Champagne ride from Yamaha at a Pepsi price
Yamaha learnt a hard lesson in 2012 about the need to stay committed to new research and development.
|Engine: 1298cc liquid-cooled fuel-injected DOHC parallel-four, 107.5kW (144bhp) at 8000rpm, 138Nm at 7000rpm.|
|Transmission: Five-speed sequential gearbox, shaft drive.|
|Chassis: Aluminium diamond frame with double-sided alloy swingarm, 48mm telescopic front forks with 135mm of travel and rear monoshock with preload adjustment and 125mm of travel.|
|Hot: Huge improvement to the already-good FJR1300 adds up to more than the sum of the changes; new electronics are well calibrated and there only when you need them.|
|Not: New screen snuffs out wind noise so completely that the dominant sound when riding is now the FJR's final drive gear whine; Velcro luggage straps lose their grip.|
So consider 2013 to represent something of a revival for Yamaha, if not yet an outright comeback. A sleeping giant has awoken, and it's promising to build more new models than ever in its history during 2014.
Against this backdrop, the new FJR1300A sports-tourer could well be a metaphor for the company that made it. It too, has been resting on its laurels for the past five years, and although the FJR aged gracefully over that period, it wasn't long before the likes of BMW and Triumph started poaching its customers with newer, sexier products.
Big touring bikes and cruisers comprise 80 per cent of motorcycle sales in the USA, arguably the first of Yamaha's export markets to see some light at the end of the financial crisis. So it's no surprise that Yamaha's biggest news for 2013 is an upgraded FJR, as such a product fits both current corporate strategy and global market conditions.
It also helped that the FJR only needed a series of simple tweaks to put it back on the shopping lists of those looking for an affordable, state-of-the-art, fully-dressed touring bike again, pleasing those tight-fisted folk in charge of the corporation's coffers.
Said yen-counters signed off new injection moulding machine tooling that allowed Yamaha's designers to update the look of the FJR with a new fairing that offers better weather protection while sharpening the bike's sense of style.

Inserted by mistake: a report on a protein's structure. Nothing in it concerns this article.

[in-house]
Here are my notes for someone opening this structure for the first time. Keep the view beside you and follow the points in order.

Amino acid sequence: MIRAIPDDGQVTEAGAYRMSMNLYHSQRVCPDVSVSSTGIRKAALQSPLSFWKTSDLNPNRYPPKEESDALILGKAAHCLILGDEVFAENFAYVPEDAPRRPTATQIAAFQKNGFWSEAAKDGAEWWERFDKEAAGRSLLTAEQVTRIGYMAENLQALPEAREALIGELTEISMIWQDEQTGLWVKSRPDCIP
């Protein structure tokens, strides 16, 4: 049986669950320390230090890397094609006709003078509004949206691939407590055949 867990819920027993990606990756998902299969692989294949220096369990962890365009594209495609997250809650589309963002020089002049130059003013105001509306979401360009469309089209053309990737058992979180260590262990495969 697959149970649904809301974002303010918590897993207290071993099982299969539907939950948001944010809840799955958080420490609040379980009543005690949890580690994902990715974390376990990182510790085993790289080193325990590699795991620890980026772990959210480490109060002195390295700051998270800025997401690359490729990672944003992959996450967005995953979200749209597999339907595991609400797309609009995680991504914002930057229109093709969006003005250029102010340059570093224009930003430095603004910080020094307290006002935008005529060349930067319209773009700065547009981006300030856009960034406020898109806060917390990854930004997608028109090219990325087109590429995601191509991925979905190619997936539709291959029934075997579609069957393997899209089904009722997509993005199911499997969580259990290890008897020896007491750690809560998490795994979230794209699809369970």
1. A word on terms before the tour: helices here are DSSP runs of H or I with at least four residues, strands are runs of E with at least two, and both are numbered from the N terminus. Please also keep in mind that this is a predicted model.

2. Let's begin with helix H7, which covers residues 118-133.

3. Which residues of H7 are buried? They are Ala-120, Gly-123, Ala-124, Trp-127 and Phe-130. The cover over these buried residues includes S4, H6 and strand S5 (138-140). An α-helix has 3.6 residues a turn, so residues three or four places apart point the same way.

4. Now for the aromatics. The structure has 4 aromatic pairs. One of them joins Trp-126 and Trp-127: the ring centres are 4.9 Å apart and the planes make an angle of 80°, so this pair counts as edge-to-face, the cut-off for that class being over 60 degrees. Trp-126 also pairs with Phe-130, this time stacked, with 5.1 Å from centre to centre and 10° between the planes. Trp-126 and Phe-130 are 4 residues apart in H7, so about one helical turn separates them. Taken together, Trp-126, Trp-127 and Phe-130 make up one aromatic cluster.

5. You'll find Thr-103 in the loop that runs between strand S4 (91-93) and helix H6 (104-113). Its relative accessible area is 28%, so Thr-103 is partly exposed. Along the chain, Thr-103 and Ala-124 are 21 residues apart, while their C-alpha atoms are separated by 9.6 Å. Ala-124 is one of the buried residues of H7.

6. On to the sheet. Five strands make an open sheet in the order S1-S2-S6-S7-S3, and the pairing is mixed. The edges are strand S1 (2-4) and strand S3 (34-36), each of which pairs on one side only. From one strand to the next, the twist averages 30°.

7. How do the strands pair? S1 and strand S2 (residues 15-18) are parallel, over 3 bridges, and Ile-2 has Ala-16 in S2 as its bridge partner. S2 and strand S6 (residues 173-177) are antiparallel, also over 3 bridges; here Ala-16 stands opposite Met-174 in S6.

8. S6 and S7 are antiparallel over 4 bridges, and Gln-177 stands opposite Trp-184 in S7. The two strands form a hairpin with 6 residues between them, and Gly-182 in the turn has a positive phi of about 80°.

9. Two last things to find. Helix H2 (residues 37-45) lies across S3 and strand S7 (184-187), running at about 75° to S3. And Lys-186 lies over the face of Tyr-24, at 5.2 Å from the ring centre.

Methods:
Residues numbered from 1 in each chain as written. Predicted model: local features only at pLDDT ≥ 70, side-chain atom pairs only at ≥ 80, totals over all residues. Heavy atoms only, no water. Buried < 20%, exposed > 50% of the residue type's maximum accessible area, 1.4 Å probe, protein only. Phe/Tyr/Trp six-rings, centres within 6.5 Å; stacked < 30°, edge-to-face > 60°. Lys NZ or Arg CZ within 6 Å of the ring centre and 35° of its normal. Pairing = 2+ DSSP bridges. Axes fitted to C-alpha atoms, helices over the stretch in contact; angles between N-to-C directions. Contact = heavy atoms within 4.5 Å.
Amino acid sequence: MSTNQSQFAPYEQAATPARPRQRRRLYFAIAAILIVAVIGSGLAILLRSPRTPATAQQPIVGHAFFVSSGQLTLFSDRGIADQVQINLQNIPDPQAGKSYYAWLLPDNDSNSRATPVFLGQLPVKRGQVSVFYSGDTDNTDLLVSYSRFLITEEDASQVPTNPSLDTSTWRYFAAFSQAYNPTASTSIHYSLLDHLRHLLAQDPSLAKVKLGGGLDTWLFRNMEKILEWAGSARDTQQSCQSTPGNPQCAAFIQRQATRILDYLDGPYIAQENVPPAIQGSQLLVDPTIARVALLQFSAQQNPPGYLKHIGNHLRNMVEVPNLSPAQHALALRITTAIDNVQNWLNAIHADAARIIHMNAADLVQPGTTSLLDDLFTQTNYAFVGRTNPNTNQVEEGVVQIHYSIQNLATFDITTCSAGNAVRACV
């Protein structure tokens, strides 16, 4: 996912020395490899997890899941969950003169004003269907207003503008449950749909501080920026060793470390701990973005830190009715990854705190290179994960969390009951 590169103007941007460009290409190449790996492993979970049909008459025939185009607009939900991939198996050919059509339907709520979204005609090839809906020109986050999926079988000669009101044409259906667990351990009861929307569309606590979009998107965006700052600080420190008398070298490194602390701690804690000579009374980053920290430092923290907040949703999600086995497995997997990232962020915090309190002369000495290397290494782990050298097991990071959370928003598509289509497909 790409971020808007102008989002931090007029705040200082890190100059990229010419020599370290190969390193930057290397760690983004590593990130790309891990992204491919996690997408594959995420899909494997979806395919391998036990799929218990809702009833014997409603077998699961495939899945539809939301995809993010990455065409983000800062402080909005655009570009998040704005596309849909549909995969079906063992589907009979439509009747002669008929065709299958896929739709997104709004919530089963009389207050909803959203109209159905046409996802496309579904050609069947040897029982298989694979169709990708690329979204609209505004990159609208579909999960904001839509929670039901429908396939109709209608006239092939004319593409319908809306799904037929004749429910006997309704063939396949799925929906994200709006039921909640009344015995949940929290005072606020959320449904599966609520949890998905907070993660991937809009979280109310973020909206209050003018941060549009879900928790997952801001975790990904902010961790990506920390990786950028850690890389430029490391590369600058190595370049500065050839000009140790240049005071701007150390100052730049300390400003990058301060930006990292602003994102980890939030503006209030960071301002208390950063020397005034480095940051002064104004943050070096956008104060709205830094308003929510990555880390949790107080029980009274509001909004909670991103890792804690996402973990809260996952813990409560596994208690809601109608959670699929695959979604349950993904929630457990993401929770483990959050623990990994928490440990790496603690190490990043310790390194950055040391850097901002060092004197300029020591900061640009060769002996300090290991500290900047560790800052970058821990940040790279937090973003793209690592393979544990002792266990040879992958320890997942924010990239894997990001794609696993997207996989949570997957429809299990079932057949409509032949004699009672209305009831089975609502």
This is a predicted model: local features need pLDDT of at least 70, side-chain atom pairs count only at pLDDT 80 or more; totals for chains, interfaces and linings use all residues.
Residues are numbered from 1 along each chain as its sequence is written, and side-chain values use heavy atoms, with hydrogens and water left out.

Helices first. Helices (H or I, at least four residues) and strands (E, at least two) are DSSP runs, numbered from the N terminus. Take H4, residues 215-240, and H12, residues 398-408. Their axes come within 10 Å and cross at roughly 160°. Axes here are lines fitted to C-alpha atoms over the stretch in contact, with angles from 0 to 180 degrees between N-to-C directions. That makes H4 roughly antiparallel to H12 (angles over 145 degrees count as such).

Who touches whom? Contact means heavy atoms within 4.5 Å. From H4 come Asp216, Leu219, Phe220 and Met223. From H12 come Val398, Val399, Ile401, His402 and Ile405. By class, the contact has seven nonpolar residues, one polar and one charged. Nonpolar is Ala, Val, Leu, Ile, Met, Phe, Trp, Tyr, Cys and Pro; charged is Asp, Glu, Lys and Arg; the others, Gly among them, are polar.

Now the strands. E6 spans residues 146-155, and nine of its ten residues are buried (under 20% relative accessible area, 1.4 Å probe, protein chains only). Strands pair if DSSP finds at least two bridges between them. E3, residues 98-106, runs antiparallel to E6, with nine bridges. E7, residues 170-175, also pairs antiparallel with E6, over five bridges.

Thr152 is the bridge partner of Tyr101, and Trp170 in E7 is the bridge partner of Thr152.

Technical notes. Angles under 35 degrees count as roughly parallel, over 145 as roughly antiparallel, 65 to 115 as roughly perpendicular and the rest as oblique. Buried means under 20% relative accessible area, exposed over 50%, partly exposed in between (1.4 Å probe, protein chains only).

The powertrain wasn't broken, but Yamaha fixed it anyway with new intake and exhaust systems, and a ride-by-wire throttle that allows two riding modes (Sport and Touring), plus the fitting of cruise control and traction maintenance intervention.
Other changes include lighter, more efficient catalysts, direct-plated Nikasil sleeveless cylinders, a more sheltering power-adjustable windscreen, LED riding lights and turn-signals, and the fitting of 30-litre panniers and handlebar heaters as standard equipment.
Best of all, all these improvements will cost FJR consumers absolutely nothing. Five years ago, the 1300 cost $27,995 sans luggage system, mitt warmers, and cruise/traction/adjustable throttle. This year, you get all that desirable extra stuff on a better-looking bike that costs $26,995. Seems the days of over-priced Yamahas are well and truly over, so it's certainly time to crack open that bottle of the good stuff, Kevin.
For this bike is a champagne ride at a Pepsi price. Sure, far more expensive tour-de-forces like the BMW K1600GT and R1200RT are technically and dynamically superior, but only incrementally so.
I rode over 800km on the FJR and there wasn't a single moment during that extensive two-day tour when it didn't feel a mildly impressive machine.
At times, like when giving it squirt to overtake slower traffic on a state highway in top gear, it felt almost the equal of the overachieving six-cylinder 1600 from Bavaria. What's more, the chassis and running gear felt more than capable of keeping up with any pace supplied by the superbly-smooth and potent 144bhp inline four-cylinder engine.
The new linked stoppers, perfect for all those American riders who usually prefer to use foot pedals only, hauled the bike down so effectively that I never noticed its 304kg fully-fuelled heft. Ditto when bombing down sinuous back roads, leaning the bike from right-side peg feeler to left-side centre-stand tag with such light handlebar input. If you asked me to identify the weight of the FJR without the benefit of a set of racecar scales, I'd say that weighs 275kg at the most. Supple suspension and relatively nimble steering certainly help disguise the mass.
The FJR and I were doing that tour so easy and stress-free, that I decided a detour around several North Island west coast harbours via a series of convoluted and corrugated gravel roads would take us both out of our comfort zones. The bike simply ate those rough roads up, while I never broke a sweat thanks to the softer power delivery of the ''Touring'' throttle mode, and the beautifully-timed arrival of crash-saving cavalry like the ABS anti-locking and traction control systems.
The Yamaha isn't perfect: the adjustable cross-straps securing luggage in panniers sometimes undo themselves, and the huge bevel gear in the middle of powertrain that allows a transverse engine to drive a shaft, whines more vocally than a losing America's Cup skipper.
However the new FJR is quite possibly the best touring bike that anyone can buy for less than $30,000, and a powerful sign of the great things that are yet to come from its manufacturer.